Lydia’s Open Door: Inside Mexico’s Most Modern Brothel by Patty Kelly, University of California Press (2008), 296 pp., $24.95 (paperback)
In 1991, the governor of Chiapas, Mexico, established the Zona Galáctica, a state-run brothel in the state’s capital, Tuxtla Gutiérrez. The women who work there are the subject of this ethnography, which the author, Patty Kelly, describes as a study of “women’s sexual labor in neoliberal Mexico.” The brothel may at first seem anomalous: Even as the local government rolled back its participation in the economy, as one would expect under neoliberalism, it established a publicly run brothel. As Kelly puts it, “Neoliberalism is less about the withdrawal of the state from public life than about the shifting of arenas of state interest and intervention.”
The chapters cover a range of issues surrounding her subjects’ lives. The sex work at Zona Galáctica, Kelly maintains, is distinct from other class- and gender-based forms of labor exploitation (e.g., child care, housekeeping) in that the women are subject to “a stigmatization that is especially damaging to the human spirit” and that functions to inhibit “workers from demanding their rights and the remuneration they deserve.” State-run prostitution thus “controls and criminalizes” the women of Zona Galactica, even though the prostitution itself is legal; the health and social benefits of regulation are therefore questionable, Kelly concludes.
Sex Work and the City: The Social Geography of Health and Safety in Tijuana, Mexico by Yasmina Katsulis, University of Texas Press (2008), 190 pp., $50 (hardcover)
This study aims to understand the life experiences of Tijuana’s sex workers, broadly defined to include both strippers and prostitutes. Using a mixed methodology of participant observation, informal and formal interviews, and surveys, Yasmina Katsulis investigates how social status and geography affect the occupational health and safety of sex workers in the Zona Norte, the city’s red-light district. Katsulis describes a “bifurcated system” divided between the Tijuana’s some 1,000 registered and licensed sex workers, and the much larger population of those working illegally.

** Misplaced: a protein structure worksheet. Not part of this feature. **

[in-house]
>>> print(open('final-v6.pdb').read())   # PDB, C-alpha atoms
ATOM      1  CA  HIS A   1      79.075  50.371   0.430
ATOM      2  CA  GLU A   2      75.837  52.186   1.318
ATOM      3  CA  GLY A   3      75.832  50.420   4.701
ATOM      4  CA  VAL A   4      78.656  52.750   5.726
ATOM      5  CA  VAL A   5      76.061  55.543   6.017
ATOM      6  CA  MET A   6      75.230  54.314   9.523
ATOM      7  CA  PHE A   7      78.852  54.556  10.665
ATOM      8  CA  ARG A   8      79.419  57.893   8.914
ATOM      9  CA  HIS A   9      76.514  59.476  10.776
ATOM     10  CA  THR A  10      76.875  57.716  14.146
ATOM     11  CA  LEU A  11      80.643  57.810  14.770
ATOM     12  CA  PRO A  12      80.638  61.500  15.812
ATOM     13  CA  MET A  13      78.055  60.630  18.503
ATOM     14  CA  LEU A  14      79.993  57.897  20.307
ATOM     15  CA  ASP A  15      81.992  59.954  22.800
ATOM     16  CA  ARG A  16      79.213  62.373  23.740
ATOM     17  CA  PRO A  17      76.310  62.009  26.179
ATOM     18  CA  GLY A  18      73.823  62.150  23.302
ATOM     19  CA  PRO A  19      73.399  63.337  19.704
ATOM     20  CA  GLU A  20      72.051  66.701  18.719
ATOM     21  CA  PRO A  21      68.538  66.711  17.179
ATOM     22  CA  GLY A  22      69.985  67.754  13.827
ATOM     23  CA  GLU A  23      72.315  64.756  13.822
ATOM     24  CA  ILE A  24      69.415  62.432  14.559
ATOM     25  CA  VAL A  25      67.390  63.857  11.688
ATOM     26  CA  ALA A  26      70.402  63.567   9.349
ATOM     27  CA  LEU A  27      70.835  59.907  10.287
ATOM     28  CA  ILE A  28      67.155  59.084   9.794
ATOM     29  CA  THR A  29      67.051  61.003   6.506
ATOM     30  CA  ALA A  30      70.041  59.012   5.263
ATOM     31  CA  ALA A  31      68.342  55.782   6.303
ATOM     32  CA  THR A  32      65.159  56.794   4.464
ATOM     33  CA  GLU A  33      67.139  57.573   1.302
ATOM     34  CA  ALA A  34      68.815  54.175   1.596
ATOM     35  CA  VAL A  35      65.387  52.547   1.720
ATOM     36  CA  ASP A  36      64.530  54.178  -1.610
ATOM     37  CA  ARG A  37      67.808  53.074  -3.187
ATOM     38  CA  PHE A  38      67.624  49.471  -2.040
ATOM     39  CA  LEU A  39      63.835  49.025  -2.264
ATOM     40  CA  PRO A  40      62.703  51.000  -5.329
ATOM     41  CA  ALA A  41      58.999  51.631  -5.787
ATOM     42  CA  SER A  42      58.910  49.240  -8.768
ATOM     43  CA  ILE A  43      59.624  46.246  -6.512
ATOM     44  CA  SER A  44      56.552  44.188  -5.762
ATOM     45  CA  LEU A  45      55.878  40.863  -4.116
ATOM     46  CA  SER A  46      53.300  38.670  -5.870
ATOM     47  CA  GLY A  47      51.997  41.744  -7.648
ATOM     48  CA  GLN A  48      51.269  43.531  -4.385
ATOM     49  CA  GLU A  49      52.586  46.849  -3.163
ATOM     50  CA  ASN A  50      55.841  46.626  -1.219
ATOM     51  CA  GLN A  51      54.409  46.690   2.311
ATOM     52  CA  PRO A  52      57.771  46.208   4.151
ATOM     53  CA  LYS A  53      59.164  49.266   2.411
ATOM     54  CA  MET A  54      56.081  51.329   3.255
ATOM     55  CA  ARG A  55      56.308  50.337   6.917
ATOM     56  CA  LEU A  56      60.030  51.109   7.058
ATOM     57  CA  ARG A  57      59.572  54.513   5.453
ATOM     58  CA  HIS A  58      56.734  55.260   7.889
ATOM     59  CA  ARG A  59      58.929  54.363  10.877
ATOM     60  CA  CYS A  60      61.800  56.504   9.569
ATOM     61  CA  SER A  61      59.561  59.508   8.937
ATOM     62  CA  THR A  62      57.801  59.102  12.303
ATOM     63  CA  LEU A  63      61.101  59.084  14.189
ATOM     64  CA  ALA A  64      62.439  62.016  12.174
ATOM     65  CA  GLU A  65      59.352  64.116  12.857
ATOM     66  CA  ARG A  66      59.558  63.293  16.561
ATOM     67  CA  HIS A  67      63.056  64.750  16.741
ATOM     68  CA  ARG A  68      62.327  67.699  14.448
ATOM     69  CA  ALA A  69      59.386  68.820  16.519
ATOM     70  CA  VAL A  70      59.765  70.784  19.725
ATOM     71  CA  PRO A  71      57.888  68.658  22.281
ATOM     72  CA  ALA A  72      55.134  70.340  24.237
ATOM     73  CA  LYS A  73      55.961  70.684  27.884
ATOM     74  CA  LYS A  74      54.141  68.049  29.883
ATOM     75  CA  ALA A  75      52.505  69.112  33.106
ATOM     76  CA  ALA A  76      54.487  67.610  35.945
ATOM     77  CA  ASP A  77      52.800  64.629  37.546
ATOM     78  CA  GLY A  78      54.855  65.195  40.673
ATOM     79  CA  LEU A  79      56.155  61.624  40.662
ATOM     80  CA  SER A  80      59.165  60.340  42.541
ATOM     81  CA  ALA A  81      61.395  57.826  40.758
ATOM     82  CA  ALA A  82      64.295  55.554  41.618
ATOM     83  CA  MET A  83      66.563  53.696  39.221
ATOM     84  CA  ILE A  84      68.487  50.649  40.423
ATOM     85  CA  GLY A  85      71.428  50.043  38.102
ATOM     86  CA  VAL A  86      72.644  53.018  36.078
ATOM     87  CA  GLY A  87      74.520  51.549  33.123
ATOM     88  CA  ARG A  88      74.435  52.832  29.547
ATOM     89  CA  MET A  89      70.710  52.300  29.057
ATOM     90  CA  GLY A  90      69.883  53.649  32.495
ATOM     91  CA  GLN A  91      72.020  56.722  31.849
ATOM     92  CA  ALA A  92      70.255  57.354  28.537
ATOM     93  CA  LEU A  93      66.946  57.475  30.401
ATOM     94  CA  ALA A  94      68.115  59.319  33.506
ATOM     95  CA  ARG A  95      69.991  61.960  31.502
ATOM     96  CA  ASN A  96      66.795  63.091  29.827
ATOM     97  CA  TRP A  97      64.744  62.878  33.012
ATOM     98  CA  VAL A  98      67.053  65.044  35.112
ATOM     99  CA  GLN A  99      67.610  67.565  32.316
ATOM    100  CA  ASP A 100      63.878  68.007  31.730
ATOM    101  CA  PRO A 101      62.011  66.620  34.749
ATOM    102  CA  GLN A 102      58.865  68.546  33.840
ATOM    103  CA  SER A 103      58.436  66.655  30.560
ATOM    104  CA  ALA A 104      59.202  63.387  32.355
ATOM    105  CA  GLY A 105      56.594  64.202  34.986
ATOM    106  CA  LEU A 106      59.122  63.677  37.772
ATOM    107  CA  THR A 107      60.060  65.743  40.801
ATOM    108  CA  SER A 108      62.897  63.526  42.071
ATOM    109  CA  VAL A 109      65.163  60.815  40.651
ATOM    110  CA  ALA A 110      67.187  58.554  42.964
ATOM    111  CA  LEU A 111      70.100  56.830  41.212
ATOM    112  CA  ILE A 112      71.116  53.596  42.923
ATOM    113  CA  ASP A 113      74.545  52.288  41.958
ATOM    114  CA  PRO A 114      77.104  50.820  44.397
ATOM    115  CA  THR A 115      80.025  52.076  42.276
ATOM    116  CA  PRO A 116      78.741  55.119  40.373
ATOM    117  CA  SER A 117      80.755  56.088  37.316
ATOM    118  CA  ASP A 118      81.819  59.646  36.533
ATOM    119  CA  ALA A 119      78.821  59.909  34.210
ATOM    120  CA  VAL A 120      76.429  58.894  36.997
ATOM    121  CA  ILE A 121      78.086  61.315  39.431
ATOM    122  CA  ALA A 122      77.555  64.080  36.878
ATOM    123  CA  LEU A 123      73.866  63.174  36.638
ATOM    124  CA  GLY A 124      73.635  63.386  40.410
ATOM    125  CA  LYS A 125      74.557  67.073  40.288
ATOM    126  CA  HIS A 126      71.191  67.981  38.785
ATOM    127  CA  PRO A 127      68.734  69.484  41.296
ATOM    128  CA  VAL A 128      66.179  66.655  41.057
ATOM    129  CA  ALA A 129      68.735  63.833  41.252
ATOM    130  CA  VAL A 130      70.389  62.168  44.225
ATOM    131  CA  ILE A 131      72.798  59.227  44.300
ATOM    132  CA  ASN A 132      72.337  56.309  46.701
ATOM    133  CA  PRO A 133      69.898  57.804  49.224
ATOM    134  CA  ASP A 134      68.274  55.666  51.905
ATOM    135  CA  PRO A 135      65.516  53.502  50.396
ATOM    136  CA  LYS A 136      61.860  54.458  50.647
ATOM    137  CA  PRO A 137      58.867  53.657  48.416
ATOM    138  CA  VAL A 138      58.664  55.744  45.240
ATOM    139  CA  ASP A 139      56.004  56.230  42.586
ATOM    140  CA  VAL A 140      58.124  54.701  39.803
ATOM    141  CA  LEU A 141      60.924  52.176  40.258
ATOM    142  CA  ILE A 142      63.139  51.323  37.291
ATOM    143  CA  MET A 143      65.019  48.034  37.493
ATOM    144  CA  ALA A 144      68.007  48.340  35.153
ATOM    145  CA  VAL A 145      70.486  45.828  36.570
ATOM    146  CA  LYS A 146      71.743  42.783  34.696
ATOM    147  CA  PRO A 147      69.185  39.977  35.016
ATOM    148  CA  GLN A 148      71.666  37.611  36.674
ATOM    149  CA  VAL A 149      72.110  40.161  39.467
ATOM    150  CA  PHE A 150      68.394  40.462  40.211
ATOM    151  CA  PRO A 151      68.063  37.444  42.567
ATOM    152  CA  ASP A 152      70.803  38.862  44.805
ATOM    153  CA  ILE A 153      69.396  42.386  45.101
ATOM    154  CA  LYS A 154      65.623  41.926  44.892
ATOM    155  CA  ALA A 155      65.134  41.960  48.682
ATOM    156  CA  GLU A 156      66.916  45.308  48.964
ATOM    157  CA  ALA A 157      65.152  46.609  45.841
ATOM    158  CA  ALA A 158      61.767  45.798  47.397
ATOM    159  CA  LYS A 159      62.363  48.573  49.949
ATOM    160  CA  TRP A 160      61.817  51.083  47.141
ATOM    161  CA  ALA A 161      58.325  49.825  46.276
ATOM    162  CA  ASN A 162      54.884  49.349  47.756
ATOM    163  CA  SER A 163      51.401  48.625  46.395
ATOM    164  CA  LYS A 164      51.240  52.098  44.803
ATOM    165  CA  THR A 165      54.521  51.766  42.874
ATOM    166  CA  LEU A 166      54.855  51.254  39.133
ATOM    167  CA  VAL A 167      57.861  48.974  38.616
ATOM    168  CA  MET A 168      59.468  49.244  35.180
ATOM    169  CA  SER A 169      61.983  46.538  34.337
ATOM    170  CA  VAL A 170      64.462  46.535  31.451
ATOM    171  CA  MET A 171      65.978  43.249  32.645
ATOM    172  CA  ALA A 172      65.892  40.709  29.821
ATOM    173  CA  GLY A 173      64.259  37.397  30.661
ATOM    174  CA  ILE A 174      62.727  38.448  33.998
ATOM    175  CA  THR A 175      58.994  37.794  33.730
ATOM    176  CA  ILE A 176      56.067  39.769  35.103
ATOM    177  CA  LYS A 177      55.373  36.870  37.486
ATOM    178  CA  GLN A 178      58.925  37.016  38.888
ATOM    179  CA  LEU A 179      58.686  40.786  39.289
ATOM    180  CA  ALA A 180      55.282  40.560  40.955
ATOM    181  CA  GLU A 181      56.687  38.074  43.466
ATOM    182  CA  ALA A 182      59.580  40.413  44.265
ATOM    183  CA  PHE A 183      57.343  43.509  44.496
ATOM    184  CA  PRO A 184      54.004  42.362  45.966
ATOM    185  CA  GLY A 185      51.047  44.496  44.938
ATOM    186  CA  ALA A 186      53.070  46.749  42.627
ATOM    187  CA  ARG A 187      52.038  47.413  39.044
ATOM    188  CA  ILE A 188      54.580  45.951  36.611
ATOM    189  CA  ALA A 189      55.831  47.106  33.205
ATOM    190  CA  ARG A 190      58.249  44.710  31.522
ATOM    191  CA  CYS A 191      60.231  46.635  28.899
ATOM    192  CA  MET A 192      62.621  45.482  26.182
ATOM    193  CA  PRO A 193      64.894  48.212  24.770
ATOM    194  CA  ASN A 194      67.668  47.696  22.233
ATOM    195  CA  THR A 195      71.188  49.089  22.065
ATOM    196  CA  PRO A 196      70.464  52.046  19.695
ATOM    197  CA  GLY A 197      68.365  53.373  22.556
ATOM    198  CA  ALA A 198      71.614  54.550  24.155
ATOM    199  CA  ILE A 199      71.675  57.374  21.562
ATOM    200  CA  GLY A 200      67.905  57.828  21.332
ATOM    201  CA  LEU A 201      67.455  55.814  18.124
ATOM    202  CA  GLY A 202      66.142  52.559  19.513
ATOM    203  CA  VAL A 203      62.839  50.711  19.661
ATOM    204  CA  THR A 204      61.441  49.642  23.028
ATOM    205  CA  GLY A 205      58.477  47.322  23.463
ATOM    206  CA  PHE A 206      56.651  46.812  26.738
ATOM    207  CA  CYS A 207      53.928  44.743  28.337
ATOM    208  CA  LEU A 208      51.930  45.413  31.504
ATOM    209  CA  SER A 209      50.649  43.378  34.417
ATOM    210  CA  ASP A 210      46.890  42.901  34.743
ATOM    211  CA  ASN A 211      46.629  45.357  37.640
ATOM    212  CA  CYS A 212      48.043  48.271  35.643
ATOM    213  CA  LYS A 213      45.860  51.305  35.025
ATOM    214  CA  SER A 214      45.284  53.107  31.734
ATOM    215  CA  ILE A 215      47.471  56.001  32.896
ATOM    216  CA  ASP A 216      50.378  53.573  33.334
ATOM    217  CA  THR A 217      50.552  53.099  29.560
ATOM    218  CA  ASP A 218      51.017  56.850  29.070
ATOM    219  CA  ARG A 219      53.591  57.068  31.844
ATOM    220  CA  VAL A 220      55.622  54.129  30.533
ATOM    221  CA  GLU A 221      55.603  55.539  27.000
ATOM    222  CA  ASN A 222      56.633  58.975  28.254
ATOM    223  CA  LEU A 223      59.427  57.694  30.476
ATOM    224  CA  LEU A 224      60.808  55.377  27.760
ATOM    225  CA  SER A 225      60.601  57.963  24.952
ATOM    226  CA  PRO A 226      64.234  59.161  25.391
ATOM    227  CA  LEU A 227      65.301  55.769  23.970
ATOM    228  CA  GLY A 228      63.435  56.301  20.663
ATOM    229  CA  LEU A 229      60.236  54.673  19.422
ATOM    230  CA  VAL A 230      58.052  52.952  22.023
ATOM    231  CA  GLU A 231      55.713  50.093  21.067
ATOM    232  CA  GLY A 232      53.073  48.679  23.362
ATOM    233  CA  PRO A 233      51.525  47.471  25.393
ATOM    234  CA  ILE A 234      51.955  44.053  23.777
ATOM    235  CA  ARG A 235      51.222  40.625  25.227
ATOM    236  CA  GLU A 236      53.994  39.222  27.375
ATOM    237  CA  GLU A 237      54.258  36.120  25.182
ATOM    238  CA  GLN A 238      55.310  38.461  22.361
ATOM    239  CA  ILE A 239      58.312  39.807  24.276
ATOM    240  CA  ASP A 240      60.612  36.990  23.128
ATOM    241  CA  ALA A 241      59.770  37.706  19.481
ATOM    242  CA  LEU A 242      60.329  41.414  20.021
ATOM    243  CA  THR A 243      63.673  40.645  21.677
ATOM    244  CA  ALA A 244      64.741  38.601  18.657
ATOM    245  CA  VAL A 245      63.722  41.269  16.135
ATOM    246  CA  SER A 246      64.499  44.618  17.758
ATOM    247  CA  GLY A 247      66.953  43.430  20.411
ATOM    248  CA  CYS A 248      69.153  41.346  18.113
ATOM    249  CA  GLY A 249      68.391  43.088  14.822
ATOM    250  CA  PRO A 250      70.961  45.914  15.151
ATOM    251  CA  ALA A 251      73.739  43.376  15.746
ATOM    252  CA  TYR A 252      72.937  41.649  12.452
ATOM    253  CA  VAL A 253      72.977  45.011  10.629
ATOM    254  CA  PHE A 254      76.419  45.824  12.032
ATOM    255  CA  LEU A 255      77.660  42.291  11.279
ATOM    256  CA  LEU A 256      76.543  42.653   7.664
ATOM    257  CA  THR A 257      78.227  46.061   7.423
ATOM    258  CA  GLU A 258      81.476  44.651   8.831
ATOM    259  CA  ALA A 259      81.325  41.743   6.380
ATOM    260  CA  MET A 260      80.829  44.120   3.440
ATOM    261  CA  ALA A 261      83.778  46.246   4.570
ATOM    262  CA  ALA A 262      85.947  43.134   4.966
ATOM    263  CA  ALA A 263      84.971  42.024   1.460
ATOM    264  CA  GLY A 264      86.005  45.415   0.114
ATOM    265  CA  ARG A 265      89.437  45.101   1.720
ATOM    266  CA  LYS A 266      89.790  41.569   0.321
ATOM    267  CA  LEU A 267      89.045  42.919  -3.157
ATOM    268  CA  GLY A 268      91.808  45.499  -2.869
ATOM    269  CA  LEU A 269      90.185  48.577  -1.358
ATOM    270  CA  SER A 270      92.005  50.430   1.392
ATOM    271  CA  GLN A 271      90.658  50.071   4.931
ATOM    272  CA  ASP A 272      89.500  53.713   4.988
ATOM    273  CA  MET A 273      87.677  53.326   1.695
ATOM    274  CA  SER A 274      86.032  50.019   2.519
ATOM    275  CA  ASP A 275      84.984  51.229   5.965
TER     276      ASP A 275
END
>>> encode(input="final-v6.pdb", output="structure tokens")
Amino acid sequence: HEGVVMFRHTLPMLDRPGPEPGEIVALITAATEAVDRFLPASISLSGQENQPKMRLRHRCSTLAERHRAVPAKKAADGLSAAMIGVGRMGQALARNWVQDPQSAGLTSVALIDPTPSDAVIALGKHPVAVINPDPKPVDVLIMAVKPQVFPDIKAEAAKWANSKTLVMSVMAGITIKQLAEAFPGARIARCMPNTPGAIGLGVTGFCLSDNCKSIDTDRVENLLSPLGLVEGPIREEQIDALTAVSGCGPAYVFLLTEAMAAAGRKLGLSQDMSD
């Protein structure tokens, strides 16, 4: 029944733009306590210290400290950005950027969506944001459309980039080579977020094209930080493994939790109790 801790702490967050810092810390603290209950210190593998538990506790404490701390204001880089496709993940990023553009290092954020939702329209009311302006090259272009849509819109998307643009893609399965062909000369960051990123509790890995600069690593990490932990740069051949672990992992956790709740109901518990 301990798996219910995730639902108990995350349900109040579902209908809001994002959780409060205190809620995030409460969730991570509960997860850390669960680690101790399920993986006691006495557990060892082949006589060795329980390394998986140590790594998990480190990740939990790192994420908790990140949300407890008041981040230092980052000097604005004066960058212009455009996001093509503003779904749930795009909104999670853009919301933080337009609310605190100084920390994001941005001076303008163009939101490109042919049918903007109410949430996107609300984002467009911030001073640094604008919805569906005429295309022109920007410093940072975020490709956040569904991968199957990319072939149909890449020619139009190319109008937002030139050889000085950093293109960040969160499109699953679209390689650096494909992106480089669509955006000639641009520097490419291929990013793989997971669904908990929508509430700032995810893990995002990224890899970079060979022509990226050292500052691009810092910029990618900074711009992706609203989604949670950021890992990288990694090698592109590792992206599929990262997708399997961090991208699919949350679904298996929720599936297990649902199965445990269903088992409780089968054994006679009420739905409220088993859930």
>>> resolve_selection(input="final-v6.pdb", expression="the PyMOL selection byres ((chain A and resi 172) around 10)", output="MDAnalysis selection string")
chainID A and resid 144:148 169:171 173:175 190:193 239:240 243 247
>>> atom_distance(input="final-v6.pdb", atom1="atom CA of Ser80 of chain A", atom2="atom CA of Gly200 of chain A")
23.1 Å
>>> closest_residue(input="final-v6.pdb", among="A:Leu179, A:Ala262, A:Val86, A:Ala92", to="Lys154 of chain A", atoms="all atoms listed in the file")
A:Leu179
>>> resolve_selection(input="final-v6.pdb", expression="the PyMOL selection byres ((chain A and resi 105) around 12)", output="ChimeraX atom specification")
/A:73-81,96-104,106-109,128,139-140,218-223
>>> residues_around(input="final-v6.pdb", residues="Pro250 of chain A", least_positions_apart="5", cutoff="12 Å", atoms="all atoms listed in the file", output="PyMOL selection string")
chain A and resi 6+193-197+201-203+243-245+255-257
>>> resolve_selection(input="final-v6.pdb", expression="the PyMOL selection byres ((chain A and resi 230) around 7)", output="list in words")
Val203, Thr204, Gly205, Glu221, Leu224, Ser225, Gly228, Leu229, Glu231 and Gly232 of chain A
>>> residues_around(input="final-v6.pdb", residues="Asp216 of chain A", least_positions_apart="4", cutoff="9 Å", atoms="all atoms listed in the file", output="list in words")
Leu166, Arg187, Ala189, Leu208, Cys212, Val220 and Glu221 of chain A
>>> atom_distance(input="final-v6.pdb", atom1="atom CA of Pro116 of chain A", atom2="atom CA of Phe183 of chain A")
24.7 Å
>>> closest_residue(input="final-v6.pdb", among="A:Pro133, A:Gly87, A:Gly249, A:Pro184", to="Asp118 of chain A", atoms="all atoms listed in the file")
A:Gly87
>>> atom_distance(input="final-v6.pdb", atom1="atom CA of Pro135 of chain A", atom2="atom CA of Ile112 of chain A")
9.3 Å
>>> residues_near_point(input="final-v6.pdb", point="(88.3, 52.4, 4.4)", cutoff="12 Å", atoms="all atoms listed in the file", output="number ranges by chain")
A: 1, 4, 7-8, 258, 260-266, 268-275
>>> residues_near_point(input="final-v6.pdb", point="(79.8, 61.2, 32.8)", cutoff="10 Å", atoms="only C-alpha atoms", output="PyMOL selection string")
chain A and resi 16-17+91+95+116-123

Legal age, documentation, and citizenship, together with racialized categories of physical appearance and conceptions of beauty, play a strong role in determining who gets licensed for legal sex work, thereby structuring the social hierarchy among sex workers. That hierarchy then largely determines what kind of work will be available, and where, to each sex worker. Given this hierarchy, Katsulis finds, the legalization and regulation of sex work in Tijuana is insufficient to guarantee health safety, at least “as currently conceived.” Most Tijuana sex workers still work illegally, but even those who do work legally still have a number of health and safety concerns, and not just around sexually transmitted infections (assault, depression, stigma).
Economies of Desire: Sex and Tourism in Cuba and the Dominican Republic by Amalia L. Cabezas, Temple University Press (2009), 232 pp., $24.95 (paperback)
In both Cuba and the Dominican Republic, Amalia L. Cabezas finds evidence to suggest that the usual notion of “sex worker” is inadequate to describe many of those who participate in relationships, both sexual and pecuniary, with tourists. This is because the “elusive travel romances and intimate encounters” that she documents, in which “ambiguity and inconsistency” reign supreme, often involve women who create identities for themselves that cannot be summed up as “sex worker” and that “provide distance from stigma and criminality.” Moreover, locals negotiate “the contact zones between the first and third worlds” with what she calls “tactical sex”—meaning a broad spectrum of liaisons, both short- and long-term, formal and informal.
The object of study here is not so much a sex industry as a “sexual economy” in which not just sex but affect and passion are extracted and circulate. Cabezas argues that studies of the “sex sector” too often focus on the money-for-sex dimension while dismissing the feelings involved as inauthentic. Rejecting this view, the author presses ahead by considering a much more complex field where, for example, informal, freelance arrangements can occur, in which “the provider may be able to exercise control over his or her sexuality and minimize the possibilities for degradation.”